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End violence against women, invest in the care economy, close the pay gap!

The surge in populist misogyny threatens to reverse progress towards gender equality and women’s autonomy – from austerity and privatisation of public care services to increasingly precarious and informal work, from a resurgence in patriarchal attitudes to attacks on women’s reproductive and sexual health and rights.
It’s time to organise. And women are rising to the challenge.

The UK was one of the first countries to develop PPPs in the early 1990s, and its PPP programme, known as the Private Finance Initiative (PFI), subsequently expanded across all parts of public spending including healthcare, education and the military.

This briefing by Jubilee Debt Campaign sets out the major problems and risks the UK has encountered through its extensive experiment with PPPs. 

However, the UK government and companies are now heavily promoting PPPs around the world. In recent years, more than 90 countries around the world have passed laws relating to or enabling PPPs to be taken on.

Read the report

 

A couple of days ago, I received the most recent newsletter of BIEN (Basic Income Earth Network). As always, this is very interesting literature, though one must read it with one major fact in mind: the network does not necessarily communicate about basic income … it talks about ‘basic income’ (for all, rich and poor) but almost all the items concern guaranteed minimum incomes (for those who need it).

 

There is a very obvious reason for this: nowhere in the world has a basic income been introduced. Of course, there are the always repeated examples of one poor village in Namibia, there are the ‘pilots’ in India, but these concern poor people and the money they get is hardly sufficient to survive.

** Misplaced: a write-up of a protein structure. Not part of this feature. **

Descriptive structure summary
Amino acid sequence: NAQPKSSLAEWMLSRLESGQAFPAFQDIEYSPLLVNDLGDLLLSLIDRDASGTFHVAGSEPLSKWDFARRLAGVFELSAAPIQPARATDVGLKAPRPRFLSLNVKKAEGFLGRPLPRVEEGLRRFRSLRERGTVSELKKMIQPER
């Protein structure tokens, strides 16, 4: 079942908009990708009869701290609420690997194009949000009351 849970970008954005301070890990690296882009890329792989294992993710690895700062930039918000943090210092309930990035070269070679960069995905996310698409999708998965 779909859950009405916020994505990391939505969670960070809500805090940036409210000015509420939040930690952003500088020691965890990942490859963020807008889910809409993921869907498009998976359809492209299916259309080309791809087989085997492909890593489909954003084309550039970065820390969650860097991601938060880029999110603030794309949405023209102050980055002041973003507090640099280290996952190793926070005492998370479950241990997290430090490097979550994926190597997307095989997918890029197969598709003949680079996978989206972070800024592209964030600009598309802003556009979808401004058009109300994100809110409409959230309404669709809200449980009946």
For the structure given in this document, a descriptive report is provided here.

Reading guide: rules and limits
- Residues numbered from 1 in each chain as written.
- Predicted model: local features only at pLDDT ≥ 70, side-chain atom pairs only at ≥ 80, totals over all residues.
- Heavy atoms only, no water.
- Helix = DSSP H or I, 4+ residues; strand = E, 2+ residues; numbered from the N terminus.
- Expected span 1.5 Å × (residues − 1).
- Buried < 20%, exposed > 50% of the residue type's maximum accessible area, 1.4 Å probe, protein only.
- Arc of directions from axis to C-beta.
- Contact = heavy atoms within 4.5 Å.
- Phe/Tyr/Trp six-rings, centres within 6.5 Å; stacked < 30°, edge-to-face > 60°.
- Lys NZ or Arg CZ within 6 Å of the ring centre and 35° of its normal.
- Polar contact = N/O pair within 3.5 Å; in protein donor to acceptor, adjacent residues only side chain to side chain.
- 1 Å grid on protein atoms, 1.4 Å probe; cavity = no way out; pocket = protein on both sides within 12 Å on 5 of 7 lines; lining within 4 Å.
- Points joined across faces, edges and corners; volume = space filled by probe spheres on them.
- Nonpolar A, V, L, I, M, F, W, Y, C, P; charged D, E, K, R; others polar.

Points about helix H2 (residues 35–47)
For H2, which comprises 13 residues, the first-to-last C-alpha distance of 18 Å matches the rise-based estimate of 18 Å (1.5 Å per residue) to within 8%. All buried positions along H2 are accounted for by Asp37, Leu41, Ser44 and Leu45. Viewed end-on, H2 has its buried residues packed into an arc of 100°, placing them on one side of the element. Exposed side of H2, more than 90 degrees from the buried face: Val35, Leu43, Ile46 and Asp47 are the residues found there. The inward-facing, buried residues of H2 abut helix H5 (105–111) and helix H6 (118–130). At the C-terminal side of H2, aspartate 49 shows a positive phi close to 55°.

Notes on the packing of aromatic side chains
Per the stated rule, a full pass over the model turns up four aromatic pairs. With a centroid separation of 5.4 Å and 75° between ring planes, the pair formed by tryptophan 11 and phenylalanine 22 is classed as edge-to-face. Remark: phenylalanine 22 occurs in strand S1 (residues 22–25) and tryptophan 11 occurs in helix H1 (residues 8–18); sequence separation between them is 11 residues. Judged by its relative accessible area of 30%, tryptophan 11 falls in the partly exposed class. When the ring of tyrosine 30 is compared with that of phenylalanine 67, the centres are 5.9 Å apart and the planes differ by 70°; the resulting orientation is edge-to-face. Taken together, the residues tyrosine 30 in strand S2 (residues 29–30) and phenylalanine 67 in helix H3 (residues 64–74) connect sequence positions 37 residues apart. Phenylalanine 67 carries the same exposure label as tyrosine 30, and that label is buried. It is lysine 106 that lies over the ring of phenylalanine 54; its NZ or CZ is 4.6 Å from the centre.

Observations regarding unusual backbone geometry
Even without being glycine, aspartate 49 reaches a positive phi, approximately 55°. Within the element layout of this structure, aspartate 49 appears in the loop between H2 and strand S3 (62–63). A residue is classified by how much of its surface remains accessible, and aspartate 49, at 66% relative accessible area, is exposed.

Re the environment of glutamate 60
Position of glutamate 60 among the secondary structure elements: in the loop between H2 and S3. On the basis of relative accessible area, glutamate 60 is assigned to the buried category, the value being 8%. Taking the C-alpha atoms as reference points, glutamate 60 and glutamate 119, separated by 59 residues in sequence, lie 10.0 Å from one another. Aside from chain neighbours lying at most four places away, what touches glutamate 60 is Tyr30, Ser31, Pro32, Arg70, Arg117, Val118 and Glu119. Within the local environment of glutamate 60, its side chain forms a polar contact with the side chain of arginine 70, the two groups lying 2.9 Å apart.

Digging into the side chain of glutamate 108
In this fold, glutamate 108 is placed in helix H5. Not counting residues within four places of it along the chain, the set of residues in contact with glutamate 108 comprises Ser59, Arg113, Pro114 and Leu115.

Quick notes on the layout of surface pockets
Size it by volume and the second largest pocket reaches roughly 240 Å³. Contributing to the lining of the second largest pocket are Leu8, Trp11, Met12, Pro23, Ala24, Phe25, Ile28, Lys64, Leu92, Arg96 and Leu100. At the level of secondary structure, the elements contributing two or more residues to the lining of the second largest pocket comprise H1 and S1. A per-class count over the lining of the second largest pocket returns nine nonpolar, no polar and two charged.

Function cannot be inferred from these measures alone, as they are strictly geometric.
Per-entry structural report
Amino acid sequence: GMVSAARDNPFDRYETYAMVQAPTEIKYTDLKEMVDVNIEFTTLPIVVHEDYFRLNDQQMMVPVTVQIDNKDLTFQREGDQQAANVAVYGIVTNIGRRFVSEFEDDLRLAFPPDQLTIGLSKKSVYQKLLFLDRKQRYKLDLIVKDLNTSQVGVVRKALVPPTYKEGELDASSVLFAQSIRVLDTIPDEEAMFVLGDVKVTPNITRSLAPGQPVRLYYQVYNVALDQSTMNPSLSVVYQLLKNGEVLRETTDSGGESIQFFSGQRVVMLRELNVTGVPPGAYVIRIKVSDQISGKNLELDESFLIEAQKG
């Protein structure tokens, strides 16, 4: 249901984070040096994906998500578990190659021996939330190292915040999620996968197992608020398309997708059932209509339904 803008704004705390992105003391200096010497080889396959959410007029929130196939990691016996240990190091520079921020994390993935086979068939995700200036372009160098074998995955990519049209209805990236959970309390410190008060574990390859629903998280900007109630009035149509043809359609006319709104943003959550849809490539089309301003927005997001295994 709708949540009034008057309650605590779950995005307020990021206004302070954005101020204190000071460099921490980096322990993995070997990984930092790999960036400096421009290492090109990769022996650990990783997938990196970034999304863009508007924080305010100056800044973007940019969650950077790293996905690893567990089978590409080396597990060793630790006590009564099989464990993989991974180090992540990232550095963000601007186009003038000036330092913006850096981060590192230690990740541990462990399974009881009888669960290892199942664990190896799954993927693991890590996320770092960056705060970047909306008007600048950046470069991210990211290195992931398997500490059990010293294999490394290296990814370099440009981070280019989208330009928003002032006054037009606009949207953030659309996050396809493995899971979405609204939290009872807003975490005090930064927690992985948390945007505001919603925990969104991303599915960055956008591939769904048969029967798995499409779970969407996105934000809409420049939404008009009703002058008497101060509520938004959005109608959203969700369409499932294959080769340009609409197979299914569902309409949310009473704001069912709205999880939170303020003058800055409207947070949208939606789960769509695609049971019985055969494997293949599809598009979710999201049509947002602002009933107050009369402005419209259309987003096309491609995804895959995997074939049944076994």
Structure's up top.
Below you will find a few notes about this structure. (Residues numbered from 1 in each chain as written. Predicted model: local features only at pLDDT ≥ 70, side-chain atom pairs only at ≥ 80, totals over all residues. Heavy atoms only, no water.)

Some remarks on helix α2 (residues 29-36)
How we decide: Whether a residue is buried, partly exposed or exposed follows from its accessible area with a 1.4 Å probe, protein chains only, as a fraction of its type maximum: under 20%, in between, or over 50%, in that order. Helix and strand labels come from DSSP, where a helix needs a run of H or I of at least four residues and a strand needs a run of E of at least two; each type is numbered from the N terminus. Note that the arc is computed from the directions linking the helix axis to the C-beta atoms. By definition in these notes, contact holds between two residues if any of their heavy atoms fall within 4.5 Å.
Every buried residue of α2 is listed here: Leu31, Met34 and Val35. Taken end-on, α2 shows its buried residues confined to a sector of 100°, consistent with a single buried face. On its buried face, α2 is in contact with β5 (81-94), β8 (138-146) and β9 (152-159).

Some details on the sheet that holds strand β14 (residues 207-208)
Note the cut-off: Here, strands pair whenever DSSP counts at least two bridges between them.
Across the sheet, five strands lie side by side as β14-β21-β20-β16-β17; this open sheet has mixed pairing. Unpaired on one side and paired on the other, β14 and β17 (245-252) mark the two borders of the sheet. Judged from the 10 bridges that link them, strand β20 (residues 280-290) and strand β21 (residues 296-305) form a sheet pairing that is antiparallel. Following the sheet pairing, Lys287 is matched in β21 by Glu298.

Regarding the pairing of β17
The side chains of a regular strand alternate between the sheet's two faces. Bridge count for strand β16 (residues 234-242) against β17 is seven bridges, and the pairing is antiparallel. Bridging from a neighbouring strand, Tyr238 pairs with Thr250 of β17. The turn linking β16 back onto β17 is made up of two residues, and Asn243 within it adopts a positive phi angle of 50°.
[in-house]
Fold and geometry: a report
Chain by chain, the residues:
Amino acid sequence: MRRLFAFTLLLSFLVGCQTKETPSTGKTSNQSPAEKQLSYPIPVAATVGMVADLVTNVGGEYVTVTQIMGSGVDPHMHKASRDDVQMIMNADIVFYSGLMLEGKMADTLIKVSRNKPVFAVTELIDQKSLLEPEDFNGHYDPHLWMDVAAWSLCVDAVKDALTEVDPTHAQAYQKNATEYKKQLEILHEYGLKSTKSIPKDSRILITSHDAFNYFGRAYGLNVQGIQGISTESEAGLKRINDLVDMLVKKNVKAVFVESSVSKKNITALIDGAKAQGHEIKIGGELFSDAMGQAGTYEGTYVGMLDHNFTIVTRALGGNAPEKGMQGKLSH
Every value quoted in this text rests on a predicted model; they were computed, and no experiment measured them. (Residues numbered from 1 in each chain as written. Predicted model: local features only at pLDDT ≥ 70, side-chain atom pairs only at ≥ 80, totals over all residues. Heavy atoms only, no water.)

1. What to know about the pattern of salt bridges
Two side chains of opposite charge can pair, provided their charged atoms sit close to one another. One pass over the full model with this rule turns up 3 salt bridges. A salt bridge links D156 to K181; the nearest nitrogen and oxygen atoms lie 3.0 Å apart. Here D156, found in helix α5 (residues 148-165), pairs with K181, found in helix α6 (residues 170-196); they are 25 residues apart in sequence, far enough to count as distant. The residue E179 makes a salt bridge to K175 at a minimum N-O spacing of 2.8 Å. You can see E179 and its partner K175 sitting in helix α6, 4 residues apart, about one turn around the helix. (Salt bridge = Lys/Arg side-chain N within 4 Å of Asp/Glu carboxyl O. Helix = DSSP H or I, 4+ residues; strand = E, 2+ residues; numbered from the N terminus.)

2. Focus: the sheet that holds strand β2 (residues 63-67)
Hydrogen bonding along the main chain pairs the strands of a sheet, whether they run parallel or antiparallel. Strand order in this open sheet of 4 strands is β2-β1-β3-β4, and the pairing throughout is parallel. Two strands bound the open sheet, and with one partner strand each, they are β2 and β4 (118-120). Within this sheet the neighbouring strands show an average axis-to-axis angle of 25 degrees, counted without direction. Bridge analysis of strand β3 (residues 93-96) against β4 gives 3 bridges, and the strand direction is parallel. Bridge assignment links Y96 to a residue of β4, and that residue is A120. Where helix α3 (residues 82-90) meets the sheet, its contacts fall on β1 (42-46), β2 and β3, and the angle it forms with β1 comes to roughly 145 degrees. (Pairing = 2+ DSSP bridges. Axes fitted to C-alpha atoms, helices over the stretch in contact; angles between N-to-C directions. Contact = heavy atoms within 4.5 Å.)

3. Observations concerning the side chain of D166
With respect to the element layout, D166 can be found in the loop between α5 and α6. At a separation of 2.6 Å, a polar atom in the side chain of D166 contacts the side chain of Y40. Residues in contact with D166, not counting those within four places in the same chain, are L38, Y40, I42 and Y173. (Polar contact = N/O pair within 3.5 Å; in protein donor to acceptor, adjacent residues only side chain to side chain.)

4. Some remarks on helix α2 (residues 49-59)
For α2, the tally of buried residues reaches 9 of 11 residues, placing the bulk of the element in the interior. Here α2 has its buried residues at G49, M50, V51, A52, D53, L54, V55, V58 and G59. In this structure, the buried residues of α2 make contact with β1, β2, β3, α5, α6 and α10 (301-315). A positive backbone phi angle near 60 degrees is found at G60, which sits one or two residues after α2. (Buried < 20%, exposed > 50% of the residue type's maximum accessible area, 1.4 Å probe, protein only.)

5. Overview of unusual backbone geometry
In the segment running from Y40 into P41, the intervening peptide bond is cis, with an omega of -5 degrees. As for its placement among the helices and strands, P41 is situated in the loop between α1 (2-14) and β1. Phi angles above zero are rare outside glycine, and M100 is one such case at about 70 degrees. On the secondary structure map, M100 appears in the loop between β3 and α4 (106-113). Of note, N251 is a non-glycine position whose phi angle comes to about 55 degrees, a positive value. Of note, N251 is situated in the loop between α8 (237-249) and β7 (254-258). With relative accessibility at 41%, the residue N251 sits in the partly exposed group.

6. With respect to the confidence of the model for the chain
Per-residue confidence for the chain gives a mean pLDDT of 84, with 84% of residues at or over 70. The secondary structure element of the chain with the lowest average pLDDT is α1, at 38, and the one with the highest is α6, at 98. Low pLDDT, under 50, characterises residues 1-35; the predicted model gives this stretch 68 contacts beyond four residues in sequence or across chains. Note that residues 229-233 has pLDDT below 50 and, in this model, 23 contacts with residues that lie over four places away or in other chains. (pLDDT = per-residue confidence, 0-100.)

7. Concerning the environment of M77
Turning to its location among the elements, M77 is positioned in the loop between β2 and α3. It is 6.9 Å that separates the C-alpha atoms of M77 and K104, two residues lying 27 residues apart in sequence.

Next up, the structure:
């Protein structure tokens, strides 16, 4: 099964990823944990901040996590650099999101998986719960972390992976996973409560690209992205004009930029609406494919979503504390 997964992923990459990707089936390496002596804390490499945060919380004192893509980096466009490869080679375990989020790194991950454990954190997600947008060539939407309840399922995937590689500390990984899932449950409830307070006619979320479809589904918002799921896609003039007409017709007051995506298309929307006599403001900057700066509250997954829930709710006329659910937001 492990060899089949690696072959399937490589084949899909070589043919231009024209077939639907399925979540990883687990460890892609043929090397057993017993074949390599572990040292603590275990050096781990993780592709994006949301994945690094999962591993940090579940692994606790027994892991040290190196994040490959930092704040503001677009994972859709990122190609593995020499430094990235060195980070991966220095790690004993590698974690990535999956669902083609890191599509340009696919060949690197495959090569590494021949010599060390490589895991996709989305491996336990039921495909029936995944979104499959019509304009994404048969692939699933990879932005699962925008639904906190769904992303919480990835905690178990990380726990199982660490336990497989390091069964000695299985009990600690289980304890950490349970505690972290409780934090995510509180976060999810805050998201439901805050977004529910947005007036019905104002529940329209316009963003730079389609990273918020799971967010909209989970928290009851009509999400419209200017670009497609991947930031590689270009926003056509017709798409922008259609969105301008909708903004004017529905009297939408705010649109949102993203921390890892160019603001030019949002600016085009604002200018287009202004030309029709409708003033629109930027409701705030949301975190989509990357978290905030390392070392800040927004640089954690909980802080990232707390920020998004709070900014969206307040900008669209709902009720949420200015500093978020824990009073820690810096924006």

New report: Who Makes the Rules on Illicit Financial Flows highlights six often overlooked institutions that play a role in developing global financial transparency measures. The brief introduces these institutions, which are generally unknown to the public despite their power in setting global norms. The piece concludes with options to make these bodies more inclusive so that global norms and standards are developed with all countries in mind, rather than just those at the decision making table.

A new protectionist device is being planned in the United States that could devastate the exports of developing countries and cause American and other foreign companies to relocate.   The complexities and implications of the proposed border adjustment tax are explained in this article.  A version of this article was published by IPS.  A second article on this issue will be published soon. 
 
A new and deadly form of protectionism is being considered by Congress leaders and the President of the United States that could have devastating effect on the exports and investments of American trading partners, especially the developing countries.

The plan, known as a border adjustment tax, would have the effect of taxing imports of goods and services that enter the United States, while also providing a subsidy for US exports which would be exempted from the tax.

The aim is to improve the competitiveness of US products, drastically reduce the country’s imports while promoting its exports, and thus narrow the huge US trade deficit.

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